Let me ride on the wall of death one more time
We are all fine after Irene, and thank you for asking. The storm tore up the southern part of our state so badly it makes me cry to see the pictures, and nearby towns were inundated, made inaccessible by rising waters and washed-out roads, but my town suffered only flooded streets and basements.
I expected worse, and I say that not in an eye-rolling-major-metro-jerkwaddy way, but dodged-a-bullet-grateful style. I grew up in south Louisiana, where we took these things seriously enough to tape our windows and fill our bathtubs, and damned if it didn't stick, because there I was bottling up water and charging the emergency lights as if driven by instinct alone. But it has to be nurture, not nature, nothing genetic about it, because on Saturday evening, after we'd stowed the lawn furniture and picked up the toys from the yard, Charlie stayed outside...to water the plants.
The next day was glorious. If you ignored everything around you and just looked up to the sky, it was like nothing even happened. So that is what we did, on the Ferris wheel at the fair.
The pills continue to work, making everything absolutely perfect, or close enough, anyway, that I just now sacrificed Curious George to ward off the evil eye. (Actually, I plunged him into the washing machine to rid him of the funk of urine, but don't tell the vengeful gods that.) We don't know yet what will change for Charlie in the classroom, but a lot has changed at home. We now have to tell him only six times to go get his socks, instead of nineteen with a Taser, or at the very least a Sherpa. Entire meals pass by without our having to remind him that if he keeps hopping up and whirling around like that with utensils in his hand, someone is bound to geMotherFUCK there is a FORK in my EYE holy God JESUS the SRIRACHA the COCK SAUCE it BURRRRRNS. And although his impulse control is still sometimes wanting, he is less inclined to explode and more inclined to use words, spoken at more or less normal volume.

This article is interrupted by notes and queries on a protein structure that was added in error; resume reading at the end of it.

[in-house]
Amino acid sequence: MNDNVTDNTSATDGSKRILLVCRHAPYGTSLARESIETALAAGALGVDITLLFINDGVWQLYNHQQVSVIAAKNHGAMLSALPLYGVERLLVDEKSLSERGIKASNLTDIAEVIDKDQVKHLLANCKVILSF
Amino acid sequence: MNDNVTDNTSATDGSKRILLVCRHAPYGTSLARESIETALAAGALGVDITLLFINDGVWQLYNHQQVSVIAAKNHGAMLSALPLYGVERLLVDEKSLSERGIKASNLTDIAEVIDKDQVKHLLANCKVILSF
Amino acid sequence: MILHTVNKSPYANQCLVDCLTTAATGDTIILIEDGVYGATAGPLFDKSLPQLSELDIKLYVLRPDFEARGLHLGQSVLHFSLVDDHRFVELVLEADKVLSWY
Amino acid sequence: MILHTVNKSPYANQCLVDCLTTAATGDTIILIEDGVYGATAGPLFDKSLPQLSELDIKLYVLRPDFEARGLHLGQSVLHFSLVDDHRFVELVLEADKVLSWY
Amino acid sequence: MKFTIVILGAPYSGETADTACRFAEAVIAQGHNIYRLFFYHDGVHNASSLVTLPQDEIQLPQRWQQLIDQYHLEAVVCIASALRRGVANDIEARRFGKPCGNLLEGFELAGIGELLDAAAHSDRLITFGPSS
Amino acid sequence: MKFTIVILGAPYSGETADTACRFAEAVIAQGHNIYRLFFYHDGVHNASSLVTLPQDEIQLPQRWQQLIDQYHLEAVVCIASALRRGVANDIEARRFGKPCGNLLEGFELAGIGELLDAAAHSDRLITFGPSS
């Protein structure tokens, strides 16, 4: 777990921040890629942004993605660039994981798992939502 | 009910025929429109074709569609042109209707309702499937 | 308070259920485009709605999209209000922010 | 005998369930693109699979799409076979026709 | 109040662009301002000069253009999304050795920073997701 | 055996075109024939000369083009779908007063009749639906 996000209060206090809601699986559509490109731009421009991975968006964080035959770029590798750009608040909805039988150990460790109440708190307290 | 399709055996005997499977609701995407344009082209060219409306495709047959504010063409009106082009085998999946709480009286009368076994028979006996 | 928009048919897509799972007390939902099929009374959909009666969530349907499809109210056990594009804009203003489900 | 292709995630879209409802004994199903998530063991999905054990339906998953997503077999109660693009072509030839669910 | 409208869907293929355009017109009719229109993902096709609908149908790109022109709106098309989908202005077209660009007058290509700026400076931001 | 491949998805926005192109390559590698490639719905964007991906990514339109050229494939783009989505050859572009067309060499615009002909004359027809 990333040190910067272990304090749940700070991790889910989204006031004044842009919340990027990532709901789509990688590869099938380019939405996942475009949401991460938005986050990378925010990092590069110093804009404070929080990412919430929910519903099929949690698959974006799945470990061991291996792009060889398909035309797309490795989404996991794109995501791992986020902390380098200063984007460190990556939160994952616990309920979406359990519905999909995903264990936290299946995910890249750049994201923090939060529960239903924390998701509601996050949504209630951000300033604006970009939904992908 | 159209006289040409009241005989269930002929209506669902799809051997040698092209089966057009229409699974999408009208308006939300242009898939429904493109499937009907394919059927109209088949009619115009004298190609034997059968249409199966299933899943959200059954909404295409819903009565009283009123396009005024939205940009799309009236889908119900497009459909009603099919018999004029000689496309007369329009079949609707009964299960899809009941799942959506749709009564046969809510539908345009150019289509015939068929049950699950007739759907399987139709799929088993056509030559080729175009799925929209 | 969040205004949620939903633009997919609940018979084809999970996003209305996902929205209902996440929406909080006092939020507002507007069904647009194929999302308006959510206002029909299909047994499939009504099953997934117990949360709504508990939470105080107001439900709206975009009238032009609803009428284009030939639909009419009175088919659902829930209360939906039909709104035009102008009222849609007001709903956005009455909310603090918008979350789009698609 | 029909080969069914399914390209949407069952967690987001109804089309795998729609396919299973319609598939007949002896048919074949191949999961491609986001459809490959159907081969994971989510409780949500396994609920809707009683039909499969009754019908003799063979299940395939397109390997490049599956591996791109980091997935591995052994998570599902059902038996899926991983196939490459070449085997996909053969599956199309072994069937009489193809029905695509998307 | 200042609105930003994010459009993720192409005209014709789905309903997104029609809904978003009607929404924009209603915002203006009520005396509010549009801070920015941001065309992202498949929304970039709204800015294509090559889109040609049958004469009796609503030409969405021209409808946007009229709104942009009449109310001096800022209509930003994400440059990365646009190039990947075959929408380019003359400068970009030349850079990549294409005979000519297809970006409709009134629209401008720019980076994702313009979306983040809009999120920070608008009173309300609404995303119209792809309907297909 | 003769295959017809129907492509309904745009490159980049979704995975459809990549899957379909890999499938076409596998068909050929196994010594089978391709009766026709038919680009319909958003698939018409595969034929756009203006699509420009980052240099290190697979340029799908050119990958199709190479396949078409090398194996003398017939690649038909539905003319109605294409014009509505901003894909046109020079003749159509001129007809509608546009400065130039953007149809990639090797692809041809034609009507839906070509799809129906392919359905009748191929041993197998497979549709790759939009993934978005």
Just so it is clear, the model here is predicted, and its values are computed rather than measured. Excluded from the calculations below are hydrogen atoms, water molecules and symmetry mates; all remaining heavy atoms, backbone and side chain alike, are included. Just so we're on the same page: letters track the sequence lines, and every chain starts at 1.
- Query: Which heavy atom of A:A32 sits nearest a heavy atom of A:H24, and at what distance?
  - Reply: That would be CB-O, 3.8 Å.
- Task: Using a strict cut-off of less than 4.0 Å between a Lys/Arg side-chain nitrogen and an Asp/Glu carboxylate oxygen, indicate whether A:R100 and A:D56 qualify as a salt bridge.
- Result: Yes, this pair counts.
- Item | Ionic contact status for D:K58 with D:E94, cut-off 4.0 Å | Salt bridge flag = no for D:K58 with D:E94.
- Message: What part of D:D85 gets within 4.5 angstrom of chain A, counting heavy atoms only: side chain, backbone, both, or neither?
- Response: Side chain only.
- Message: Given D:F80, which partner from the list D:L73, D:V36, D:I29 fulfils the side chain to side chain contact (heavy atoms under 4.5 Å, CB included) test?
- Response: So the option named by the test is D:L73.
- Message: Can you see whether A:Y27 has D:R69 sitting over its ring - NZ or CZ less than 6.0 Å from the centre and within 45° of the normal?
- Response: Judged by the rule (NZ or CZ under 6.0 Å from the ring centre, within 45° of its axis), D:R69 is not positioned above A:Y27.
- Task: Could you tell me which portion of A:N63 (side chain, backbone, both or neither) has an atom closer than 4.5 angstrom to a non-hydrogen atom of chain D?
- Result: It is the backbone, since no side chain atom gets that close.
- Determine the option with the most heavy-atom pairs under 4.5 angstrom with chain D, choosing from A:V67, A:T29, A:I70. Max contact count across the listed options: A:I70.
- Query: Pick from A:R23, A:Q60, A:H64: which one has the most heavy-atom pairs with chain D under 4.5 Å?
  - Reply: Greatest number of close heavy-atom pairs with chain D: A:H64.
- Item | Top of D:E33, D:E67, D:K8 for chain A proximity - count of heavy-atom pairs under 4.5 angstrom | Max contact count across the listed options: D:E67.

Or even in print. The other day I did something he didn't like — normal bullshit parental request, normal bullshit offspring objection — and he stomped off to his room, then returned five minutes later, stopped precisely three steps in front of me, and thrust a slip of paper at me, saying, "I am really mad at you. For more information, visit my web site or request it by e-mail. Here."
And he spun on his heel and marched out, no doubt on his way to lambaste me on Twitter for my crap-ass customer service.
Still thinking about the article I wrote about last time, and your comments on same. I think y'all know me by now, and how staunchly pro-choice I am. That's how I feel about policy, a position many of you share, but it's also my personal inclination; I think "I don't want to have a baby" is a plenty good reason not to, pretty much no matter what. Thanks to a transformative experience of my own, I can't support the notion that women come to such a decision lightly, and I feel compassion for anyone who faces it. I object to Jenny's contention that ART babies are somehow more of a product than, you know, real babies, but I can't think she was wrong in having her "half abortion."
A lot of you expressed disbelief that someone who'd wanted a baby badly enough to pursue ART could then intentionally rid herself of one. I keep coming back, though, to the idea that it's not just the baby some of us want. ("Just," "simply," "merely," "only" — none of those words quite work here; "just" will "simply" have to do.) If it were, would we go through all we do, to try to have exactly that baby in that particular way?
We each have this vision of what we want our life to be, right? And then we encounter infertility, and that idea gets jacked all to hell. Some of us then find we can be flexible in the particulars: Okay, well, shit, but there are always plans C, D, and E. Some of us find we can't: Adoption isn't for us, or Not with another man's sperm. But at least at first, to some degree, most of us try to hold to that original picture, as much as our circumstances allow.
That's what I think Jenny and the other women in the article are doing, "merely" clinging to their longed-for vision, however foolish it might seem to others. I may think they do so with more tenacity than wisdom; I may think the picture they cherish is distorted; I may find their determination a little sad and spooky. But I feel a great deal of sympathy for them, having done the same myself. To a lesser degree, perhaps — but then again, looking at my archives here, huh, maybe not.